- South Korea has begun sea trials for its first KSS-3 diesel-electric submarine
- The Republic of Korea Navy is on track to receive the land-attack cruise missile-capable vessel by 2020
South Korea's Daewoo Shipbuilding and Marine Engineering (DSME) has begun initial sea trials for the country's first KSS-3 diesel-electric submarine (SSK), an industry source close to the matter has confirmed with Jane's.
The vessel, Dosan Ahn Chang-ho, began the trials during the week of 10 June, and these involved mainly tests of the vessel's propulsion systems and steering equipment. The latter included validations carried out remotely from the bridge and manually from the submarine's aft section, the source added.
Dosan Ahn Chang-ho is the first of three KSS-3 submarines ordered for the Republic of Korea Navy (RoKN). The keel for the vessel was laid down in May 2016 and the SSK was ceremoniously launched by DSME in September 2018.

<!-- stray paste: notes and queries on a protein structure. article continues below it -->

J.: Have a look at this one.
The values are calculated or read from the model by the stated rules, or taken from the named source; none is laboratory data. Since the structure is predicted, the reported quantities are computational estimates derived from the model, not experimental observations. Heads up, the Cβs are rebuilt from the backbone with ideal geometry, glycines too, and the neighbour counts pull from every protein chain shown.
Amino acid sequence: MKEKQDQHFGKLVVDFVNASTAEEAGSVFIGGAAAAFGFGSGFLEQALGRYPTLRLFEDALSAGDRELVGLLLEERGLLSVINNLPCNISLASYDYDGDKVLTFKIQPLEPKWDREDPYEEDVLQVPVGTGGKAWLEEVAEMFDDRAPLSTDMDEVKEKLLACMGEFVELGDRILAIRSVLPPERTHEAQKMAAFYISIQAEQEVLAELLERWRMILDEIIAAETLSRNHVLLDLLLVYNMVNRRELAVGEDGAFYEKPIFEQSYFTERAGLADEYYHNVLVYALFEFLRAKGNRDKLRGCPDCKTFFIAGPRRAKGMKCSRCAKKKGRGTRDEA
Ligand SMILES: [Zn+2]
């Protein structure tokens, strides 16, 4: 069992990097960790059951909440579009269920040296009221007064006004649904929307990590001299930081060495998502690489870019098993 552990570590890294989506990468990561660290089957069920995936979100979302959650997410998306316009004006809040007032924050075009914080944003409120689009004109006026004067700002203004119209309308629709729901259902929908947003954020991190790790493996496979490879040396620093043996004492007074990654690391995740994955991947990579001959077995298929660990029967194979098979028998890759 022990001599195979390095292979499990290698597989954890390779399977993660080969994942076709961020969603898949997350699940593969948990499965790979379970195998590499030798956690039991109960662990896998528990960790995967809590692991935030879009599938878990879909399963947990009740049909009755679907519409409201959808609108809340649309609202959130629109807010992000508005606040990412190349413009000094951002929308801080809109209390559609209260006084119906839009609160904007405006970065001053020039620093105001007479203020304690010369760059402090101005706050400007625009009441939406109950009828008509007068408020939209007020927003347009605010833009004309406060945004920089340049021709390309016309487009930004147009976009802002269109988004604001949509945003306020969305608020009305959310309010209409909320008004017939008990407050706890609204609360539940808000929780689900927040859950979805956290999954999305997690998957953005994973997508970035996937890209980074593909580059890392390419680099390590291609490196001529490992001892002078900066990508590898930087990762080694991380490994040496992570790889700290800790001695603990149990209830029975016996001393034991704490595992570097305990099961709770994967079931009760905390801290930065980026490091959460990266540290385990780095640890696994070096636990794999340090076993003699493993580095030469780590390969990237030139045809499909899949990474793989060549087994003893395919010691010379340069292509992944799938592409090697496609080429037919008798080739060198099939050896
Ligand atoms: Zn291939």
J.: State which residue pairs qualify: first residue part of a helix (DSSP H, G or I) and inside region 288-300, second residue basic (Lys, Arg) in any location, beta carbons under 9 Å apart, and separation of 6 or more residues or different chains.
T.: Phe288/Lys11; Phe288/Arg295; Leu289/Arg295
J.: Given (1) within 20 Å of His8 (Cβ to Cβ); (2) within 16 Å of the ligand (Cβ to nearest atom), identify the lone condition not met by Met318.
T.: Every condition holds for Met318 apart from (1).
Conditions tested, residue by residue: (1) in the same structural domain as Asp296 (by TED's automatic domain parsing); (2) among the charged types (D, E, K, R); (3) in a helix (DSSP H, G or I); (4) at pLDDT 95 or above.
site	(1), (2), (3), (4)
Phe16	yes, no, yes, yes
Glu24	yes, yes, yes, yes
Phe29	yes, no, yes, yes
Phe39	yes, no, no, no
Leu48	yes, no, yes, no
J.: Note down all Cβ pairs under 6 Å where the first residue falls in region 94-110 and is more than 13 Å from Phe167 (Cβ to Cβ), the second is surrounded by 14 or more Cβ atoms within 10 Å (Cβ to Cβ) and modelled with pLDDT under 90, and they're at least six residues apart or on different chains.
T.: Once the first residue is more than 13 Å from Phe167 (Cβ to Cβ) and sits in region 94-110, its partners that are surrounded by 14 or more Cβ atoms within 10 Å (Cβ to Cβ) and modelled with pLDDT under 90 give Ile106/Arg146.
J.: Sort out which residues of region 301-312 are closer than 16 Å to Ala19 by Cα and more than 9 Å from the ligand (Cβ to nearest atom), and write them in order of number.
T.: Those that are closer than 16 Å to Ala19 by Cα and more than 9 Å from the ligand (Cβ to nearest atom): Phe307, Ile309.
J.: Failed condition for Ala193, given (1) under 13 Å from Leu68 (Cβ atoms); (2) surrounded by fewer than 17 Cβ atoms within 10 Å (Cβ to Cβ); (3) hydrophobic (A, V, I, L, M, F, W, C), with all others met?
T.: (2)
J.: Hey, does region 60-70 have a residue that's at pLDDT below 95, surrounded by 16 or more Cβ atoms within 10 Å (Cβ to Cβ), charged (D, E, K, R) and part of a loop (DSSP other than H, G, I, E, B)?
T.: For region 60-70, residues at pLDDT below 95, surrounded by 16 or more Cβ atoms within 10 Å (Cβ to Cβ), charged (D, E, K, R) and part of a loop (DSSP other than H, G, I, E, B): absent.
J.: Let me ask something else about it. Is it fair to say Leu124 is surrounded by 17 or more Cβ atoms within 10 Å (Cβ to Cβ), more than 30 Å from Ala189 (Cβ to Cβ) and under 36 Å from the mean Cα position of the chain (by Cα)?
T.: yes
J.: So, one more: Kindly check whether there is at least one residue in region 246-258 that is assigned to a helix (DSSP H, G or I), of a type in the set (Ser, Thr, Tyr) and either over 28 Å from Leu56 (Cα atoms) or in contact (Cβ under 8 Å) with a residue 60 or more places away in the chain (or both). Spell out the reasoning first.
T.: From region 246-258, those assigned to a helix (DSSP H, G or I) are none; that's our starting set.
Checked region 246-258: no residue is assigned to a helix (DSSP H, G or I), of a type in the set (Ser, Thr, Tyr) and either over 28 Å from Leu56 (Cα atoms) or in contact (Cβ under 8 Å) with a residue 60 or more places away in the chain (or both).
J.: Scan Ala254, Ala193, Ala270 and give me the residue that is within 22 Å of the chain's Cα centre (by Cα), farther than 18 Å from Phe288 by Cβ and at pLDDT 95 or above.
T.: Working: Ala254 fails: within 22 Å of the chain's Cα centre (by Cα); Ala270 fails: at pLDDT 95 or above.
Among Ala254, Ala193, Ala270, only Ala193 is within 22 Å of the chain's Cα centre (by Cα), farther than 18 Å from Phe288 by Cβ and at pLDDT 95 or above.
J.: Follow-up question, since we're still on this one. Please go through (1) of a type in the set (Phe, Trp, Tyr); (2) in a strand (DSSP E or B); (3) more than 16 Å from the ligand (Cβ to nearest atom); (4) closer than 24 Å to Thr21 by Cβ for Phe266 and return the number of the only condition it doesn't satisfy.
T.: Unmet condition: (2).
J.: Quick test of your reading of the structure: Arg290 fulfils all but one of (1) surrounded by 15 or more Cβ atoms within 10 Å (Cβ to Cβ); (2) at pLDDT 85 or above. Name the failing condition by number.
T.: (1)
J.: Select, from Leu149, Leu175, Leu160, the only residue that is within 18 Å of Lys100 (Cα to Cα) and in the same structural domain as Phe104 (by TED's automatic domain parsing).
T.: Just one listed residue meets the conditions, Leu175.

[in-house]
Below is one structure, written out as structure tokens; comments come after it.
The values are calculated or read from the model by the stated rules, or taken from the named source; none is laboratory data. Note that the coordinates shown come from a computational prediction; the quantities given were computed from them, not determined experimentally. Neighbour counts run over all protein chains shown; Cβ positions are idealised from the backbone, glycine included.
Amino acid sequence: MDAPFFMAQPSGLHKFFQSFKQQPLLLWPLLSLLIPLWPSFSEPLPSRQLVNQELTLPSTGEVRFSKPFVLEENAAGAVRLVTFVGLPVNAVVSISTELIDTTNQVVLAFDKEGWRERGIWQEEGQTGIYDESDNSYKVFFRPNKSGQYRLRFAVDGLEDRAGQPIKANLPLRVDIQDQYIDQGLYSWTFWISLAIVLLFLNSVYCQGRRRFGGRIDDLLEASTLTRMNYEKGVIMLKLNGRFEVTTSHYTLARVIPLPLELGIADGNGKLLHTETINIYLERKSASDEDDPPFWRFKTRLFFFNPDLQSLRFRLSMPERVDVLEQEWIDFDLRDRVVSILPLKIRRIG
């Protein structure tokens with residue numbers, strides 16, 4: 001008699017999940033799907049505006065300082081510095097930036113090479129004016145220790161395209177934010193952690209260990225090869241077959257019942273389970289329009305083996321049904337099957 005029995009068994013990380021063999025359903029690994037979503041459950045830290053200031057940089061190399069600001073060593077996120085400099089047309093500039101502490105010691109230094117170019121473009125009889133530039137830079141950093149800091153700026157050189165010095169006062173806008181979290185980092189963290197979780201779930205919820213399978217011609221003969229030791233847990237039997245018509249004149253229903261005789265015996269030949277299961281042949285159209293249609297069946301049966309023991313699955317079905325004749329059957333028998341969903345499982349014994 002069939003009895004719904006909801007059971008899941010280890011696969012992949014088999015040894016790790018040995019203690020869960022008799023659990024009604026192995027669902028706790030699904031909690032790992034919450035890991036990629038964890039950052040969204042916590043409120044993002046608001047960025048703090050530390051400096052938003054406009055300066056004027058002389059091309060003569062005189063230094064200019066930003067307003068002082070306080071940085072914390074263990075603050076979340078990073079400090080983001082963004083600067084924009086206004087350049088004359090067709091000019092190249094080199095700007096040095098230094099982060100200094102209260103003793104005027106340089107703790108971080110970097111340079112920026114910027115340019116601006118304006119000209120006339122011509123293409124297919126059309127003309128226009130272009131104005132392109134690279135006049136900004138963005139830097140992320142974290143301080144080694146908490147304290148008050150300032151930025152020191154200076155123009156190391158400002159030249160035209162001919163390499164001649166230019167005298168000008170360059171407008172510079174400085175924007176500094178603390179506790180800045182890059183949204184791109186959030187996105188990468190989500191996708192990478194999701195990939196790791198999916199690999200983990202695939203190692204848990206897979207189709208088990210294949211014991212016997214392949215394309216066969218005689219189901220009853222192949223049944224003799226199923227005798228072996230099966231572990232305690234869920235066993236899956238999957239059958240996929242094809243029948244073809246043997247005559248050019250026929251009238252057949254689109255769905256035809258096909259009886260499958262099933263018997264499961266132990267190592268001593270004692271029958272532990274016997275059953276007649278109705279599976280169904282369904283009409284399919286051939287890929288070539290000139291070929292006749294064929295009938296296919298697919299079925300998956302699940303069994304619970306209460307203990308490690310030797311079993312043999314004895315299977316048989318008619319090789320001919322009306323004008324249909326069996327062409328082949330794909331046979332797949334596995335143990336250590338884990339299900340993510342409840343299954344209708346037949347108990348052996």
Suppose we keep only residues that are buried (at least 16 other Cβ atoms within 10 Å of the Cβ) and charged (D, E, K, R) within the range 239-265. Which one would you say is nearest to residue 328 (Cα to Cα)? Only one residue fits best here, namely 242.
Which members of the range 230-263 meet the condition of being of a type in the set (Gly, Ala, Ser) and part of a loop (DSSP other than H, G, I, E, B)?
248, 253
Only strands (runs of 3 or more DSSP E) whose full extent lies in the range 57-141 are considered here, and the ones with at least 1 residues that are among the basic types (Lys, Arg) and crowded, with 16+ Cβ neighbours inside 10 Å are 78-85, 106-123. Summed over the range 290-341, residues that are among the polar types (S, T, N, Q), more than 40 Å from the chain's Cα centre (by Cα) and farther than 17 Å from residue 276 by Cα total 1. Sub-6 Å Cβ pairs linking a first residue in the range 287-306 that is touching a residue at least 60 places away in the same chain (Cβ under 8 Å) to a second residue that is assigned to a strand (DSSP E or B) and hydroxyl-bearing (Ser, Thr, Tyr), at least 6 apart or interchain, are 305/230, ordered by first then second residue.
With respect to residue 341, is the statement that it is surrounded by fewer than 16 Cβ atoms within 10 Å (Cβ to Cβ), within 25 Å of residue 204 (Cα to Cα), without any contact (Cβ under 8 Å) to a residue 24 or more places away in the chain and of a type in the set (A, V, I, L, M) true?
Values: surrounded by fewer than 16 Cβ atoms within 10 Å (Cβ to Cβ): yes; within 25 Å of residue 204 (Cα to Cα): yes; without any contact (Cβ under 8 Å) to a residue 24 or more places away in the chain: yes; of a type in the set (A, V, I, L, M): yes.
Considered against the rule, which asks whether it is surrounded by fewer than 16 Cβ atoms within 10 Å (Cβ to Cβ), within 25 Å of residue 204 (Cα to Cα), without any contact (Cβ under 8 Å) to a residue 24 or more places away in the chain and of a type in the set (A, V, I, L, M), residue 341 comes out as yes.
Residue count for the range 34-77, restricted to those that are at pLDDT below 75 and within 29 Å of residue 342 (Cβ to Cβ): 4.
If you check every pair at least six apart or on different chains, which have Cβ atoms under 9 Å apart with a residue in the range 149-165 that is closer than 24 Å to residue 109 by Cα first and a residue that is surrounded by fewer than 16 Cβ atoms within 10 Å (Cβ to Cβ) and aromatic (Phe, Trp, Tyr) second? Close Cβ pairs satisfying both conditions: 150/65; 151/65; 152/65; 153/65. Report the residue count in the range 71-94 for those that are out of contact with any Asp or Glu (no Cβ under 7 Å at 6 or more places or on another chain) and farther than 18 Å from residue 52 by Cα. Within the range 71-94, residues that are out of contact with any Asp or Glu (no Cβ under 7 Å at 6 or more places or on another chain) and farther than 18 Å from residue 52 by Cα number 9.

The submarine has an overall length of 83.5 m, an overall beam of 7.7 m, and a hull draught of 7.62 m. It displaces approximately 3,400 tonnes when surfaced, 3,800 tonnes when dived, and can accommodate a crew of 50. The SSK is air-independent propulsion-capable, and has a top speed of 20 kt when dived, 11 kt when surfaced, and a standard surfaced range of 10,000 n miles (18,520 km) at 8 kt.
The boat is equipped with eight 533 mm tubes that are capable of deploying an improved version of the Baek Sang Eo (White Shark) heavyweight torpedo from local company LIG NEX, and six vertical launching system tubes that can launch land-attack cruise missiles such as the Cheong Ryong.
The submarine will be equipped with the Weapon Handling Launch System from Babcock, and a locally developed submarine combat system from Hanwha Systems.
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